On The Silver Surfer – Herald of Galactus
I was always a fan of Marvel Comics and voraciously read everything from Spiderman, The X- Men, Thor, Dr. Strange and of course The Fantastic Four (F4). It was then, in F4 #48 (march 1966), as part of the Galactus Trilogy, that I first discovered The Silver Surfer, one of the most interesting characters in comic book history.
Created by writer Stan Lee and artist Jack Kirby, it tells the story of Norrin Radd, an astronomer on the planet Zenn-La. Faced with the choice of saving his planet from being destroyed by the parasitic entity known as Galactus, he offered to serve as his herald. Once the deal was made, Galactus, who is of the same race as The Watcher, imparted some of his omnipotent powers on Norrin, transforming him into The Silver Surfer who would roam the galaxy on a surfboard for eternity, in his now impervious appearance, to find planets for Galactus to consume, until he encountered Earth and The Fantastic Four.
The F4 initially battled The Silver Surfer but, in that struggle, helped him rediscover his original noble self that enabled Norrin to join forces with them in their attempt to deceive Galactus and save Earth. When his deception was discovered, The Silver Surfer was punished by being bound for all time to the planet that motivated his disloyalty.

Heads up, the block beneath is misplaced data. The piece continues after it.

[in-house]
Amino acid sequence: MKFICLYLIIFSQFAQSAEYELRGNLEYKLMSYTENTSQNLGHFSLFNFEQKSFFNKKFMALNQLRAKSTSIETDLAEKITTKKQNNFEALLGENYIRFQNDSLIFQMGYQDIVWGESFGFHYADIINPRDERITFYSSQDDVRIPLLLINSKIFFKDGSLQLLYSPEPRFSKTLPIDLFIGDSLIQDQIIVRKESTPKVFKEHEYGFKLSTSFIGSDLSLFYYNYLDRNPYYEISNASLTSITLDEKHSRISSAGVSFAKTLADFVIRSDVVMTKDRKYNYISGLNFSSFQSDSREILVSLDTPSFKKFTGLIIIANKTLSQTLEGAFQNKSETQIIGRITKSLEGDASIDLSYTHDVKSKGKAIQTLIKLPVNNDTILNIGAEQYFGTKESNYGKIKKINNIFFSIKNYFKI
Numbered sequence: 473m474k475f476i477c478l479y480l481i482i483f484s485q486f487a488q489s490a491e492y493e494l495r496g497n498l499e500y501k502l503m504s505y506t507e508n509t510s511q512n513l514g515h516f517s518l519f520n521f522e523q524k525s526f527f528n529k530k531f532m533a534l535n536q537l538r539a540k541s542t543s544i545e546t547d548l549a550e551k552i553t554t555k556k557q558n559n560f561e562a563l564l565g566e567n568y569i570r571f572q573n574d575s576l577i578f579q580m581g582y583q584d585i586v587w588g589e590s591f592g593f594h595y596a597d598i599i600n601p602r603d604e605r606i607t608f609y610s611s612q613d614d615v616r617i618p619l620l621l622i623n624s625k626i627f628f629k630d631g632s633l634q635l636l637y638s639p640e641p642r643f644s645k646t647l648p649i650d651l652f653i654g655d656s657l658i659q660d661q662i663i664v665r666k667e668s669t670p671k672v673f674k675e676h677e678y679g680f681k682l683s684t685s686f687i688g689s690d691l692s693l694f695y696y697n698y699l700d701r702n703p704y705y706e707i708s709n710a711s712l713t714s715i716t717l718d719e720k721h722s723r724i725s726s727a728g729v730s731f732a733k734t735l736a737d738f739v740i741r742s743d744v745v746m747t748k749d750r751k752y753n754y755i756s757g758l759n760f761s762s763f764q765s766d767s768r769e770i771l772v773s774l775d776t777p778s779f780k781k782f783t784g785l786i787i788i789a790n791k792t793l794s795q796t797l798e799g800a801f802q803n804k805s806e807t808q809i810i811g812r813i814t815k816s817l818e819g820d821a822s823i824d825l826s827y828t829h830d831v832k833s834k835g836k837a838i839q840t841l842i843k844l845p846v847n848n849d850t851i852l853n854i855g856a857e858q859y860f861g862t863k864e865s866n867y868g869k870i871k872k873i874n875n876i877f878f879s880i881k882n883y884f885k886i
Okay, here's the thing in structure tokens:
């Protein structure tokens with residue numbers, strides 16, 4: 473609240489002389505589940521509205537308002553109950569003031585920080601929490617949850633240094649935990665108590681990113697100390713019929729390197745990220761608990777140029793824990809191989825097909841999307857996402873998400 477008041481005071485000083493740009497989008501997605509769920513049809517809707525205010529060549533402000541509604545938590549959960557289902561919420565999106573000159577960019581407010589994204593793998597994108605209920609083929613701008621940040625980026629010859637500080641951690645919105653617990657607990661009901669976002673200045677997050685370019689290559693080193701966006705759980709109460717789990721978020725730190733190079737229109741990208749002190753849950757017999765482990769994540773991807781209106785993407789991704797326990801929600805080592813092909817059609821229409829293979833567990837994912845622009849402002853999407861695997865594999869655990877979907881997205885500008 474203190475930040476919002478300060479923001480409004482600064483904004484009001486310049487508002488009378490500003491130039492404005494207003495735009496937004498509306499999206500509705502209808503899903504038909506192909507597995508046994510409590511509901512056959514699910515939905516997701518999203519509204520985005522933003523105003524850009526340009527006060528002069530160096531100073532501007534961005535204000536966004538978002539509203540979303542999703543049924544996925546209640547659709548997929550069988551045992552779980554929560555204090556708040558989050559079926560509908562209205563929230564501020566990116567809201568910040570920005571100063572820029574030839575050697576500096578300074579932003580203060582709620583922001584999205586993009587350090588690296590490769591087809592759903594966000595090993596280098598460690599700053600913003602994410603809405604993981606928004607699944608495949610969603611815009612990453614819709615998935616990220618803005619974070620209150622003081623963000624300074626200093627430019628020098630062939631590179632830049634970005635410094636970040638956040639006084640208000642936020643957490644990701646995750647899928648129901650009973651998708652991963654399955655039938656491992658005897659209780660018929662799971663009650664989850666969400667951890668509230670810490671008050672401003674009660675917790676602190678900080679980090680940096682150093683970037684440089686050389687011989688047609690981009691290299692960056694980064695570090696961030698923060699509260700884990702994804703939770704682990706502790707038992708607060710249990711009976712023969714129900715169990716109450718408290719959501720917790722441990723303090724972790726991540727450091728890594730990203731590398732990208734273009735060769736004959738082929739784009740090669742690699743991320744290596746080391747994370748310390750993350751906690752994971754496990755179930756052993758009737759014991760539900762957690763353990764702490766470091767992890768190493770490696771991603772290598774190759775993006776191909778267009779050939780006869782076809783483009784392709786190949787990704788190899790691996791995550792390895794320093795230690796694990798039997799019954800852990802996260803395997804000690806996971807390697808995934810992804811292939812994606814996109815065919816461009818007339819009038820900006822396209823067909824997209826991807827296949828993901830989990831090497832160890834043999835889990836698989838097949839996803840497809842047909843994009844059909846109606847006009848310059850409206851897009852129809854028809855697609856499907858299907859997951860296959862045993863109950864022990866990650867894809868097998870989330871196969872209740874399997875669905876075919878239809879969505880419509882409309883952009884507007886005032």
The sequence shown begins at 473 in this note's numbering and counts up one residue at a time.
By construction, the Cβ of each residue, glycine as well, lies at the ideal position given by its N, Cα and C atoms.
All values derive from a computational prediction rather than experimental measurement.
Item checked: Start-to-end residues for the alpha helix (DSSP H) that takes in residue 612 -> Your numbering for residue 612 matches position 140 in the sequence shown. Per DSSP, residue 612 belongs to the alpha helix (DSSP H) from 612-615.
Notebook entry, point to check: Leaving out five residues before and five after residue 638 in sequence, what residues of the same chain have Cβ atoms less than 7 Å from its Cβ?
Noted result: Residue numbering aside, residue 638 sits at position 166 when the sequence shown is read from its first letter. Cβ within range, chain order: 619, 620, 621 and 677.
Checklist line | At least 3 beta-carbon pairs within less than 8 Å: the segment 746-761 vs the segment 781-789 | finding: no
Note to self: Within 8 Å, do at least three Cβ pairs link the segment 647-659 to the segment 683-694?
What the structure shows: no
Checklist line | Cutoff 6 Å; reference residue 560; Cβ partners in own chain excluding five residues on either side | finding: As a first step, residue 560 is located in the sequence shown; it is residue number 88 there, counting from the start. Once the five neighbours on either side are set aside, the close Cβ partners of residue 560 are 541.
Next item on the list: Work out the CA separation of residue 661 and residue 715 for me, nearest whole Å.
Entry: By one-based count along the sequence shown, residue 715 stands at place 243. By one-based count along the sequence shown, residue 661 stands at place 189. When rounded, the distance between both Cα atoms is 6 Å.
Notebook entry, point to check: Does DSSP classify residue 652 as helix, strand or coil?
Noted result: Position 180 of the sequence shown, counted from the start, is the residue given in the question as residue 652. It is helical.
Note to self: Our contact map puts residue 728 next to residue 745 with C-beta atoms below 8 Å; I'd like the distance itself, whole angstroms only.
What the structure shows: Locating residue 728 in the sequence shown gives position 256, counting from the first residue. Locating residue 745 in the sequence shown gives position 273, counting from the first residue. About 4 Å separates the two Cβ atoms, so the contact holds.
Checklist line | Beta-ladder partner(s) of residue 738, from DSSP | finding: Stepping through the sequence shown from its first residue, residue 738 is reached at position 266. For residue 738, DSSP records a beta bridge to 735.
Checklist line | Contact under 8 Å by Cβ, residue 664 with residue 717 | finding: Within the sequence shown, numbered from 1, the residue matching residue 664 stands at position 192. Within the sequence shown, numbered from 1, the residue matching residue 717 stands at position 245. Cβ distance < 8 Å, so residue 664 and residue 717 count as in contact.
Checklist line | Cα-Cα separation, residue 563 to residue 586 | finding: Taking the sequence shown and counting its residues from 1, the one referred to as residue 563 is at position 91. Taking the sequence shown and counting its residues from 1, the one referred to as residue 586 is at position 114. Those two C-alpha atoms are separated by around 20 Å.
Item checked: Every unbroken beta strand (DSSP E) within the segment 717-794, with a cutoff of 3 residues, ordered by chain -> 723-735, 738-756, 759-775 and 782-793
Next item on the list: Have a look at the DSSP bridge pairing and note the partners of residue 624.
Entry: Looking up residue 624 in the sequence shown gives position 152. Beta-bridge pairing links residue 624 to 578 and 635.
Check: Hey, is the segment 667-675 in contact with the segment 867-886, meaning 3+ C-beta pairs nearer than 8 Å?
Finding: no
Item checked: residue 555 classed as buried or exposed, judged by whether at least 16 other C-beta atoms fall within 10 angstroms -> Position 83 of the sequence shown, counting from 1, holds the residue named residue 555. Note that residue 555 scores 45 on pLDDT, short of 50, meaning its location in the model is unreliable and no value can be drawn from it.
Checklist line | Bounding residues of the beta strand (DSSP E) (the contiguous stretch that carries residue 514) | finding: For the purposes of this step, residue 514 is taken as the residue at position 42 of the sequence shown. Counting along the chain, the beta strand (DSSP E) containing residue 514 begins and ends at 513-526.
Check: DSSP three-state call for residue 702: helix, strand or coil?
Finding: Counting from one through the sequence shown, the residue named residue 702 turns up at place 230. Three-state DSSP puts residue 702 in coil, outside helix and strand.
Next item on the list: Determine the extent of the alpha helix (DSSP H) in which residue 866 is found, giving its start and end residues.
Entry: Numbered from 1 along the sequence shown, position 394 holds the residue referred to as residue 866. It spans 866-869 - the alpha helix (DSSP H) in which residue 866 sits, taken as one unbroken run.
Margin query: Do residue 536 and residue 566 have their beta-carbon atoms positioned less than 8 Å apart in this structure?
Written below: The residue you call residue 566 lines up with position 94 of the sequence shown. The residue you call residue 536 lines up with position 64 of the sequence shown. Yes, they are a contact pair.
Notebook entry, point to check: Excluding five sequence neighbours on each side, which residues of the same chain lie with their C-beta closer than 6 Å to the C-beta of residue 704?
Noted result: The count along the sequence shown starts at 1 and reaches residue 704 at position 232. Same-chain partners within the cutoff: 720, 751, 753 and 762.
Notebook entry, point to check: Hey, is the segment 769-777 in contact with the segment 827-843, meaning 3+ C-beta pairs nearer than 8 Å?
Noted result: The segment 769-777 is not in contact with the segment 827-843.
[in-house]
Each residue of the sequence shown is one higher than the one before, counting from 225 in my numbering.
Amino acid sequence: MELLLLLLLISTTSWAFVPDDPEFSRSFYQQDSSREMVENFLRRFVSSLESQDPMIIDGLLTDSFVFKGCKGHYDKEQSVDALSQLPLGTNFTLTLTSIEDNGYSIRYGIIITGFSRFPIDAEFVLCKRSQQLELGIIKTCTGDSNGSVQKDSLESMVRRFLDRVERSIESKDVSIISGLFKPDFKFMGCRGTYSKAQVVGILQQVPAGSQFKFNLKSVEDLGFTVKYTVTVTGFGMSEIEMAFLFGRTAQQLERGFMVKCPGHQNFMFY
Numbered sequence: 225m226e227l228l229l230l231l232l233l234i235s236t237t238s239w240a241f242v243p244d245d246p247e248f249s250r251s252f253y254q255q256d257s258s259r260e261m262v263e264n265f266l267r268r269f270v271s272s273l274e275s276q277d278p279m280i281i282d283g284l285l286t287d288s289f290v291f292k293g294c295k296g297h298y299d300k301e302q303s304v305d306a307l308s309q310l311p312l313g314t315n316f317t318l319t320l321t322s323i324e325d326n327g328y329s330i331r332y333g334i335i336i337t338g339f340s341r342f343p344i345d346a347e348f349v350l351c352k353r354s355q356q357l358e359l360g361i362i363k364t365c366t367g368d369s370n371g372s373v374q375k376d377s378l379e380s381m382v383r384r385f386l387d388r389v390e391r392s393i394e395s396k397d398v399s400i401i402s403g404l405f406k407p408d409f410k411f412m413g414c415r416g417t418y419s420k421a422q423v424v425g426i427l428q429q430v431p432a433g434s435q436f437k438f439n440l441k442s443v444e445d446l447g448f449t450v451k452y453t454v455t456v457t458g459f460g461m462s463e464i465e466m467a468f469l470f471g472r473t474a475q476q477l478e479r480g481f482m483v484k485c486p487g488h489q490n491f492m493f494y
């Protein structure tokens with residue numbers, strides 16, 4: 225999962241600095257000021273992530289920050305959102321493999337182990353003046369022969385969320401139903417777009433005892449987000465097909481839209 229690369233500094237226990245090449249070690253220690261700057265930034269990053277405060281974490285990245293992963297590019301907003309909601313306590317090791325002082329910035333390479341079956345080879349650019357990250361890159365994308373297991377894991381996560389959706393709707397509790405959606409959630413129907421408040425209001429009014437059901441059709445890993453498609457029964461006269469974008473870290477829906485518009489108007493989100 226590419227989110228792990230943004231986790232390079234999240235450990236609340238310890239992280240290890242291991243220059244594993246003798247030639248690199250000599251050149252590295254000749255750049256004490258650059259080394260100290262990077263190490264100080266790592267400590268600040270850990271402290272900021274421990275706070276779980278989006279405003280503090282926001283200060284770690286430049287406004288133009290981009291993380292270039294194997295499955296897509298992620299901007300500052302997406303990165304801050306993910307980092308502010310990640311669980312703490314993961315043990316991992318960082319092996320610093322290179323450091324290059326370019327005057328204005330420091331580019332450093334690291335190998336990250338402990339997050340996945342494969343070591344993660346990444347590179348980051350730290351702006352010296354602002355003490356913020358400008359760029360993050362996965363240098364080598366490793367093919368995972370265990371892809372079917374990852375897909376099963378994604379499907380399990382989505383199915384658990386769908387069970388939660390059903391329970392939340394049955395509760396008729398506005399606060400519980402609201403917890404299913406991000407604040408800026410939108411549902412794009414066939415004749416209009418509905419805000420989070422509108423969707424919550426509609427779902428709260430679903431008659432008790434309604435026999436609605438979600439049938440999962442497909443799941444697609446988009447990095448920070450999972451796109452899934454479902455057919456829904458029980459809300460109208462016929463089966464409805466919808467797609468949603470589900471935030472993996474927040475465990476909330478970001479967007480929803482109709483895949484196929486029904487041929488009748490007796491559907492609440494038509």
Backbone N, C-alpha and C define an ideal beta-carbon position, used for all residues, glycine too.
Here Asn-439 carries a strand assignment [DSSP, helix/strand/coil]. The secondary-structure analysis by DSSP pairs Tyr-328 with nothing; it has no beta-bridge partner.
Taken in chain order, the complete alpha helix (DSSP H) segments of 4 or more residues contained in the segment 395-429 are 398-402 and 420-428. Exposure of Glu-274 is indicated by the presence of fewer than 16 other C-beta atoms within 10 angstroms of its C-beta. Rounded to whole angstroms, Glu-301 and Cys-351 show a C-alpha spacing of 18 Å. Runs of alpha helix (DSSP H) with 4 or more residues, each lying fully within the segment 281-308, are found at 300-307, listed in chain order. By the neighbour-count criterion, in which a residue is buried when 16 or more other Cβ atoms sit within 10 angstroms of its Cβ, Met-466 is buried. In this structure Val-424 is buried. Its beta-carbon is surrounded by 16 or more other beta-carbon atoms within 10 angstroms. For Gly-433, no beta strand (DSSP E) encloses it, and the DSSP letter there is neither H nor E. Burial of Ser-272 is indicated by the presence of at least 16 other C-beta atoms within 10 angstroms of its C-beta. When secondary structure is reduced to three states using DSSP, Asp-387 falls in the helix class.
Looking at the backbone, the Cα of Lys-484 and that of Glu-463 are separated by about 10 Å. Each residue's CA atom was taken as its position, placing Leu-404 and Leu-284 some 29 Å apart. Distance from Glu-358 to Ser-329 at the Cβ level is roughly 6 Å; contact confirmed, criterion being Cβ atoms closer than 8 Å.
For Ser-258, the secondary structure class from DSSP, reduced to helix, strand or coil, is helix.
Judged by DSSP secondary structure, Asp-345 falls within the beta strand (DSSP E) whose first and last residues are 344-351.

This is a poignant story of sacrifice, betrayal and redemption for someone who sold himself to the devil, even for justifiable reasons. It made me think of how I would have handled a similar situation and whether I could live with the consequences of my choices. It also led me to re-consider the idea of betrayal (which has negative connotations for the betrayer, regardless of who the betrayed is, or the reasons) and whether the act itself is as clear-cut wrong as presented in the bible.
We are taught that once we make a contract, we are responsible and committed to it, often for the life of the contract – in this case, eternity. Evaluating such a contract from its individual context, rather than judging, is a better way to characterize it. In this situation, betraying Galactus was the only way that Norrin could find redemption, as well as accepting that any transformation resulting from atonement still entails a price that must be payed.
The Silver Surfer, as with other characters in Marvel’s reality, is so much more identifiably human and flawed, wrought with insecurities, burdens, guilt and a deep sadness for who he has become. He struggles with internal conflicts, and loneliness, wearing his “mutant-ness” well, while simultaneously wondering if his powers will help or hinder him from finding the atonement he yearns for. The inner battles of morality and judgment we all face is at the heart of most Marvel’s heroes and makes them so identifiable and important.